During his long term as Mayor, he saw many cases of hydrophobia (rabies) in our city. Police officers were allowed to shoot and kill any dog foaming at the mouth. On July 2, 1910, Norfolk had several vicious canine attacks with policemen and young children. These vicious dogs was suspected of rabies. A mad dog had been on the loose and a few young children in the Atlantic Ward were bitten, when Policeman Wilkerson shot and killed the dog. The children that were attacked by the mad dog were Charles and Clarence Meakin on Camp Avenue and Georgia Swinson on West Avenue, along with a Fannie Henry. These children did not have to be sent to Richmond, for Norfolk now had the serum to treat hydrophobia.

On October 16, 1902, after only a few months in office, an article appeared in the Virginian-Pilot, "UP IN SMOKE, thousands of dollars of gambling paraphernalia went up in smoke." Mayor Riddick issued orders to siege all gambling equipment. All gambling equipment was confiscated and orders given by the Mayor himself to burn all gambling equipment in front of the police station. That morning there was a at Monticello Club, Granby St. & opposite the Tazewell Apartment, owned by Tobe Mapp.

Another controversy arose when Mayor Riddick appointed Solomon Bridgeport, an African-American man, to be keeper of the city morgue which would be built later. This position called for handling all unidentified bodies found in Norfolk waters called "floaters" picked up in the Elizabeth River and her tributaries. Many policemen expressed dissatisfaction with this decision. As Mayor Riddick said, "We need to build a new morgue, along with a new laboratory. Afterwards, it is essential to plan for a new modern jail to be built." The council was stunned!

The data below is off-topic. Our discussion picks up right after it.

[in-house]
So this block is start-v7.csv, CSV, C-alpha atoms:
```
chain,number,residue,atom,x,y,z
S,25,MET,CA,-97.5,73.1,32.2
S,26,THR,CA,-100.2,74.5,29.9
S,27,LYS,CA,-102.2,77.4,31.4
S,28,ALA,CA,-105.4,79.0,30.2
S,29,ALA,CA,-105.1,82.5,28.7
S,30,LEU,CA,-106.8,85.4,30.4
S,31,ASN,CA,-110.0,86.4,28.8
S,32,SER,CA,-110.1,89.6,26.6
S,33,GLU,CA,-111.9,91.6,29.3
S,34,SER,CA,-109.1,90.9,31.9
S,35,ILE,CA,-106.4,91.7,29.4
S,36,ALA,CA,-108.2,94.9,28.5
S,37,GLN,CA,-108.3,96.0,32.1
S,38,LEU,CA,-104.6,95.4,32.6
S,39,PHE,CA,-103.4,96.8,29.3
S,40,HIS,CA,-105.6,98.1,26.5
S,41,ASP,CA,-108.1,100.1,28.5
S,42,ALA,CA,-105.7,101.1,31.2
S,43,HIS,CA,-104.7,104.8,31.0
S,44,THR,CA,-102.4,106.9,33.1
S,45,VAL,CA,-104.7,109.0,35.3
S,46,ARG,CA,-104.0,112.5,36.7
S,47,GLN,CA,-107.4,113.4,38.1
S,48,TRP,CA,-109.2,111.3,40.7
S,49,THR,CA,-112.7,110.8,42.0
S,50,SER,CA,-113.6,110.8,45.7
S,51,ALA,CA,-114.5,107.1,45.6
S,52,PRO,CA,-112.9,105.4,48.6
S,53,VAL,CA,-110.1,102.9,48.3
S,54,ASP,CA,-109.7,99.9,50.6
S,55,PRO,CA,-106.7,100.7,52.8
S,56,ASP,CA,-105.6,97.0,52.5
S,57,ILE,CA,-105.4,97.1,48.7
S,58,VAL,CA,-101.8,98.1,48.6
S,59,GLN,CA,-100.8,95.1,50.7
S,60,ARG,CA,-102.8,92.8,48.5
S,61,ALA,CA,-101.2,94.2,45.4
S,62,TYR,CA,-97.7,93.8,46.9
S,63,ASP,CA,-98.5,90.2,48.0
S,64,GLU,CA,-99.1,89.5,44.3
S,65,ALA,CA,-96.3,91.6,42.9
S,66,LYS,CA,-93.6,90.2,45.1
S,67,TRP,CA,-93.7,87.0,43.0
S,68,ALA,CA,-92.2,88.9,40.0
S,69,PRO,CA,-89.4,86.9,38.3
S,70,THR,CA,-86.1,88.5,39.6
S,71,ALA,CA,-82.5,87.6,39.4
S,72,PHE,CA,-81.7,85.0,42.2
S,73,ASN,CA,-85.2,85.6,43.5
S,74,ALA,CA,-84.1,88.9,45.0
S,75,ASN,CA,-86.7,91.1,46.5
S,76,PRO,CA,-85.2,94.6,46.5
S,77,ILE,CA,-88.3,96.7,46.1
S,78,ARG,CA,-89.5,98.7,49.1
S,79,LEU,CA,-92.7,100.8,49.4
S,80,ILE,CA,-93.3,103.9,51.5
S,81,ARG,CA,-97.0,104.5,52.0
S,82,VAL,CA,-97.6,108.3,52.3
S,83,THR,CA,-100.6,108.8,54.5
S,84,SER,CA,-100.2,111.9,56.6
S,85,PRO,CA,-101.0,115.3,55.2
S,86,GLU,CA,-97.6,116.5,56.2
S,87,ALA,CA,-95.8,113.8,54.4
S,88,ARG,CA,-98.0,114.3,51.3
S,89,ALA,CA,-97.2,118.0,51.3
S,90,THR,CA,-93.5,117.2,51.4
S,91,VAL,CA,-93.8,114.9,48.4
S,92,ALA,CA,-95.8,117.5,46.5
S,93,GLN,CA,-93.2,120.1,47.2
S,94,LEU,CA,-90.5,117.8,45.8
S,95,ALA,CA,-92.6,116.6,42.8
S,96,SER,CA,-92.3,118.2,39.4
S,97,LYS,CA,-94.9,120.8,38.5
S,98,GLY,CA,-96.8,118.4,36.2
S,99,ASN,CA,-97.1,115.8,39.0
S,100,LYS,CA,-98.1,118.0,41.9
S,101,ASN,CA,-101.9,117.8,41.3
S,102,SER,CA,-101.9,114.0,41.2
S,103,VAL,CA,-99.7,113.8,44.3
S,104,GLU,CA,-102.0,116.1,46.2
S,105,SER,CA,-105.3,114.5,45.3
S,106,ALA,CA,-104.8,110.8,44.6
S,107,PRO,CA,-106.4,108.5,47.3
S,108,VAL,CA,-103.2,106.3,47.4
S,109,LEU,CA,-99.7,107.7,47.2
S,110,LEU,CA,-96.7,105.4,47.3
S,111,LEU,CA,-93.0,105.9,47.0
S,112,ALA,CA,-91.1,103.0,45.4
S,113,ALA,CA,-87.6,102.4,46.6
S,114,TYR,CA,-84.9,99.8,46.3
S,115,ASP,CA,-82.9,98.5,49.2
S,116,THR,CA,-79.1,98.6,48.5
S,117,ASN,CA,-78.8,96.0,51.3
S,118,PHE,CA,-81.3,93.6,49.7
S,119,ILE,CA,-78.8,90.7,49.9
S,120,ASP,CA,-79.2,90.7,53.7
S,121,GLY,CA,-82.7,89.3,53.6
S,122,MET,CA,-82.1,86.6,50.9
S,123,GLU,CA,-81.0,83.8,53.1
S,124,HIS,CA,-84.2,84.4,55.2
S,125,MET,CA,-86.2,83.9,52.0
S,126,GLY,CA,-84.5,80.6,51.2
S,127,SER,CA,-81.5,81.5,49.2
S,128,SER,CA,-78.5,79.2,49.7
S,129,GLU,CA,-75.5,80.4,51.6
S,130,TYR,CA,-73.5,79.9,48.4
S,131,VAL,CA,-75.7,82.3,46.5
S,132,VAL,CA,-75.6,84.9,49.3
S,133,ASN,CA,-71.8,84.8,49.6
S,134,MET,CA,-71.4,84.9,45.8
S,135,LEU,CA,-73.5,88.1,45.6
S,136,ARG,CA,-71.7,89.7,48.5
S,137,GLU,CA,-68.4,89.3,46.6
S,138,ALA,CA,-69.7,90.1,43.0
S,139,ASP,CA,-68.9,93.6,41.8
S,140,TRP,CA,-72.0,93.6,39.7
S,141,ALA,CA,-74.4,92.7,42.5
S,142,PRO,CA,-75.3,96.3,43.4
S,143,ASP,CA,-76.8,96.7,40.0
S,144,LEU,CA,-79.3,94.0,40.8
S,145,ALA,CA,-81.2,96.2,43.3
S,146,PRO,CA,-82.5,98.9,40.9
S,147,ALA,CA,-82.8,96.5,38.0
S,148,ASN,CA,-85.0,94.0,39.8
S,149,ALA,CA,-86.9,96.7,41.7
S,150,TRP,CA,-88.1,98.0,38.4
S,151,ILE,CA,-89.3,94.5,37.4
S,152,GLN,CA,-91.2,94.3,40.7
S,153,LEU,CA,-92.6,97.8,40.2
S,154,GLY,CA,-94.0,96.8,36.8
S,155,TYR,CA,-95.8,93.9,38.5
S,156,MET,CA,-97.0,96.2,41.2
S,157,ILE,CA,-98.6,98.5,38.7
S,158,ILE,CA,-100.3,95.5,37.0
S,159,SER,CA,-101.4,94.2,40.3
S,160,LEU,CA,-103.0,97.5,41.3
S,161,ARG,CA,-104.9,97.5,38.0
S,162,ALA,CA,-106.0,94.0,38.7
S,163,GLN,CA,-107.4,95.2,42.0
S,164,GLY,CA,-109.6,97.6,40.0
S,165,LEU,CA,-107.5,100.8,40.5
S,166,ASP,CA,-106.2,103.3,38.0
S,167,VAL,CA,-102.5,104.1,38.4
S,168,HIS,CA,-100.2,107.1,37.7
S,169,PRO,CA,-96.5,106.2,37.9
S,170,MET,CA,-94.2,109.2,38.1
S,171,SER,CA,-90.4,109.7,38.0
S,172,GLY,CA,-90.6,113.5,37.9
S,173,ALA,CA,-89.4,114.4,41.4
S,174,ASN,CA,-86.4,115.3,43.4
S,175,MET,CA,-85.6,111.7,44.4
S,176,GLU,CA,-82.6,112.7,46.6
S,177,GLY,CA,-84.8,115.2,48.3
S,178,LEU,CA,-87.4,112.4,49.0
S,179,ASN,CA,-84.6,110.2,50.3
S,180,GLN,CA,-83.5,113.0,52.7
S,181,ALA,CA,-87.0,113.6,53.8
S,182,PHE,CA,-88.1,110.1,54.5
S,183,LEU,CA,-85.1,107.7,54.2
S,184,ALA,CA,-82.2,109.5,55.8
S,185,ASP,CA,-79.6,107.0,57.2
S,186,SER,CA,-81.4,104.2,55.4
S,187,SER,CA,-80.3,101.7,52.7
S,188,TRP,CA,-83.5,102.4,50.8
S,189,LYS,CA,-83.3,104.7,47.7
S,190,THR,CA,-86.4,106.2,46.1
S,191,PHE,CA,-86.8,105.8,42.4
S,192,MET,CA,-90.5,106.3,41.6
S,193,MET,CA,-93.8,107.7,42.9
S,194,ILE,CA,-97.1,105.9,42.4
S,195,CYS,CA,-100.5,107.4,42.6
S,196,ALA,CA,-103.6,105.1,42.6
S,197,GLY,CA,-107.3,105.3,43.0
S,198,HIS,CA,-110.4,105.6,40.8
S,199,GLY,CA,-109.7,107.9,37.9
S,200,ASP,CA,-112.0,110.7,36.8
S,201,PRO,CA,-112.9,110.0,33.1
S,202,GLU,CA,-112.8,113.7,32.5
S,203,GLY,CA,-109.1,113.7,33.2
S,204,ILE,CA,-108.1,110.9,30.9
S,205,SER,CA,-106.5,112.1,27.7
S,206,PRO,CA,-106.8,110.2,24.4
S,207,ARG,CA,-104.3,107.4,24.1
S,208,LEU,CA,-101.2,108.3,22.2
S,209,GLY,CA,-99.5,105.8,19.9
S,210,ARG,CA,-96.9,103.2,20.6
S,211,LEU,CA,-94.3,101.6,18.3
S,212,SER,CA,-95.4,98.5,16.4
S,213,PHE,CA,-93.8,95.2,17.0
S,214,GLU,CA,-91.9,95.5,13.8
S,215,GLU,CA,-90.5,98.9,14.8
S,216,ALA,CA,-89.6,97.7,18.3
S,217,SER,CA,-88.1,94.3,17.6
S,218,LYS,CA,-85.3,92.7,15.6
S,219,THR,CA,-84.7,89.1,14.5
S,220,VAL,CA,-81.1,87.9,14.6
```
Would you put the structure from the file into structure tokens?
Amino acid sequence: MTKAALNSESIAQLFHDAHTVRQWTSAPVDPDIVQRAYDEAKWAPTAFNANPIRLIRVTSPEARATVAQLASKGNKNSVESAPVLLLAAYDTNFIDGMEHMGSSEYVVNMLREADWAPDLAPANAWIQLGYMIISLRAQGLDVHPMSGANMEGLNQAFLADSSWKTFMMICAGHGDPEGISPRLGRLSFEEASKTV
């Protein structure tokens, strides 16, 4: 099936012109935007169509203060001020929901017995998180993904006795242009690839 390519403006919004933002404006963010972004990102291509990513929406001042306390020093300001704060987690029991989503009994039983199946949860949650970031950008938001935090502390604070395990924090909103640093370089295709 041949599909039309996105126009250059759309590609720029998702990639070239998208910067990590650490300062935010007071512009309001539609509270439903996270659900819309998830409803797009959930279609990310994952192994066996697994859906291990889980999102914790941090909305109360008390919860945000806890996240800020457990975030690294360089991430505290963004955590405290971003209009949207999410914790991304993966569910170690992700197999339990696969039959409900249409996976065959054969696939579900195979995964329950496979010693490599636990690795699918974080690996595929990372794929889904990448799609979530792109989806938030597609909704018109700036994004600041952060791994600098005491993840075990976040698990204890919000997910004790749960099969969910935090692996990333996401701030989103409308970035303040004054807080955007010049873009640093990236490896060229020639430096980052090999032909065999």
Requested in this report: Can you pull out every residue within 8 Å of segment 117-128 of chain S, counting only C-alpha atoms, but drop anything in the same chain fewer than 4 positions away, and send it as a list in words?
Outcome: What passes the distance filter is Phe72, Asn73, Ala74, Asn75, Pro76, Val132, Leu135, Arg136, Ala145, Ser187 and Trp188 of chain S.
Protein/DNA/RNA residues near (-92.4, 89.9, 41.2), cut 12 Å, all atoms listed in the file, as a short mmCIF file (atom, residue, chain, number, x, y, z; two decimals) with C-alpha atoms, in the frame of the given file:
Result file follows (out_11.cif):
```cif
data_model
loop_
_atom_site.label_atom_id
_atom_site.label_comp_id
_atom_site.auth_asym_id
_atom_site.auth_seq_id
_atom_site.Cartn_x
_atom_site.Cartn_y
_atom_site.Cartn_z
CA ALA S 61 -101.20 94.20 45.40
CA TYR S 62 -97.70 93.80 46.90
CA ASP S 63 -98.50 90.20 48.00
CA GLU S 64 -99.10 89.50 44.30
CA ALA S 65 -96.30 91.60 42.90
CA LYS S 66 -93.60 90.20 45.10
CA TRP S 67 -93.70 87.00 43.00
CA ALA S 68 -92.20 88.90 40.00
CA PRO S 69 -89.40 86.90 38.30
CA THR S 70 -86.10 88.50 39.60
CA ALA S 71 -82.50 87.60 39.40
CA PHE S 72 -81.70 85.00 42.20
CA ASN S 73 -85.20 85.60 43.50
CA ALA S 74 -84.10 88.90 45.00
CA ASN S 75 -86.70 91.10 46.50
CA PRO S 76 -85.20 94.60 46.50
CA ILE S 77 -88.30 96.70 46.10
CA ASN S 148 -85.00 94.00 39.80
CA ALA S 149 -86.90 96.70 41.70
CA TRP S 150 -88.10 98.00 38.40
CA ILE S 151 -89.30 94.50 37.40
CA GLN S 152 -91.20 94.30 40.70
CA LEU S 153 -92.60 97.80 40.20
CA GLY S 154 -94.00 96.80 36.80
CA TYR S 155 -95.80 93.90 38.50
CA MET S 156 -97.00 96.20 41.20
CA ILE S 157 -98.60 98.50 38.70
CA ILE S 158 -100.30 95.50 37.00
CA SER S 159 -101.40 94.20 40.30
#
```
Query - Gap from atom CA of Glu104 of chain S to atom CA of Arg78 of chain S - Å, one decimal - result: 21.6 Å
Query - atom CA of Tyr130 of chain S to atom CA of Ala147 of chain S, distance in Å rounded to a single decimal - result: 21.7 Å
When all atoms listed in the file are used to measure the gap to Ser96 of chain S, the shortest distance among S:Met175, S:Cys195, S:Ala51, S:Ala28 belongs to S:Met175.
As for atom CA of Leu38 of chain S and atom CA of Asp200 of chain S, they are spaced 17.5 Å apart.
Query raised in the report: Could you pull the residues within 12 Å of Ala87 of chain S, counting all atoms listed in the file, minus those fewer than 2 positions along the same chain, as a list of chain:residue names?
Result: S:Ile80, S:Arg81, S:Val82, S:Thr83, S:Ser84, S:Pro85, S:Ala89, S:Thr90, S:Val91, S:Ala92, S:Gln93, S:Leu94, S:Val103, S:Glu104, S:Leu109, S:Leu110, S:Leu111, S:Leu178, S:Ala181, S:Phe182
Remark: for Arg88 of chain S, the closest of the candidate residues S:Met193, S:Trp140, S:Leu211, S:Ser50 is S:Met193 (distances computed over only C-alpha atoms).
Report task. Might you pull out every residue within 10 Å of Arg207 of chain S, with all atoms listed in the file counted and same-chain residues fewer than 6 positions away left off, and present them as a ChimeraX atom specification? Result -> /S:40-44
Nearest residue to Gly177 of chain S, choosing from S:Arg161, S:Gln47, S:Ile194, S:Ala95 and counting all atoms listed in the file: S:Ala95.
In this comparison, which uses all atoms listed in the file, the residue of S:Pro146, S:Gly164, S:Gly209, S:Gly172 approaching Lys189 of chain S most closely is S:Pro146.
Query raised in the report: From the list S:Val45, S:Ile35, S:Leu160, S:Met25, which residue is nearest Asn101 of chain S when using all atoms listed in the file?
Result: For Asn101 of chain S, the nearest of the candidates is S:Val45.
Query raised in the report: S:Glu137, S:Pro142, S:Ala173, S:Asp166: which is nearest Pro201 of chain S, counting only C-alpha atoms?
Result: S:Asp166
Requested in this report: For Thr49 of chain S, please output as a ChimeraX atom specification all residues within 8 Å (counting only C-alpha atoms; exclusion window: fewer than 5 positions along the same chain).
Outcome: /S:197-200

Being a medical man Mayor Riddick realized the importance of a new laboratory to test milk, as well as water, in our city. Doctor Charles Mason Andrews was appointed head bacteriologist to oversee this department. Dr. Charles James Andrews (1876-1950) became the first BACTERIOLOGIST for Norfolk and he was called the Germ Hunter, making sure that our milk and water were safe to drink.

On April 11, 1906, Mayor Riddick declared a Good Housecleaning Day, targeted alleys, dirty streets, etc. that needed cleaning. The women of the city loved it! Many citizens helped cleaning the trash out of these unsightliness streets and alleys. The reason: the 1907 Jamestown Exposition was getting underway in Norfolk County. Mayor Riddick wanted a clean city for the many visitors who would be visiting the exposition and staying at our hotels here in the city.

During his administration, Mayor Riddick had his eye on the saloon business. A cleanup was in order. Norfolk had a large Temperance Movement that opposed alcohol. On September 4, 1910, an Irish-born man, saloon worker got drunk and went home and shot his family. John J. Smyth gunned down his wife Bridget Sullivan and daughter Rita due to being drunk.  The saloons had always had a bad name for drunkenness. Mr. Smyth would go to the electric chair for his crime.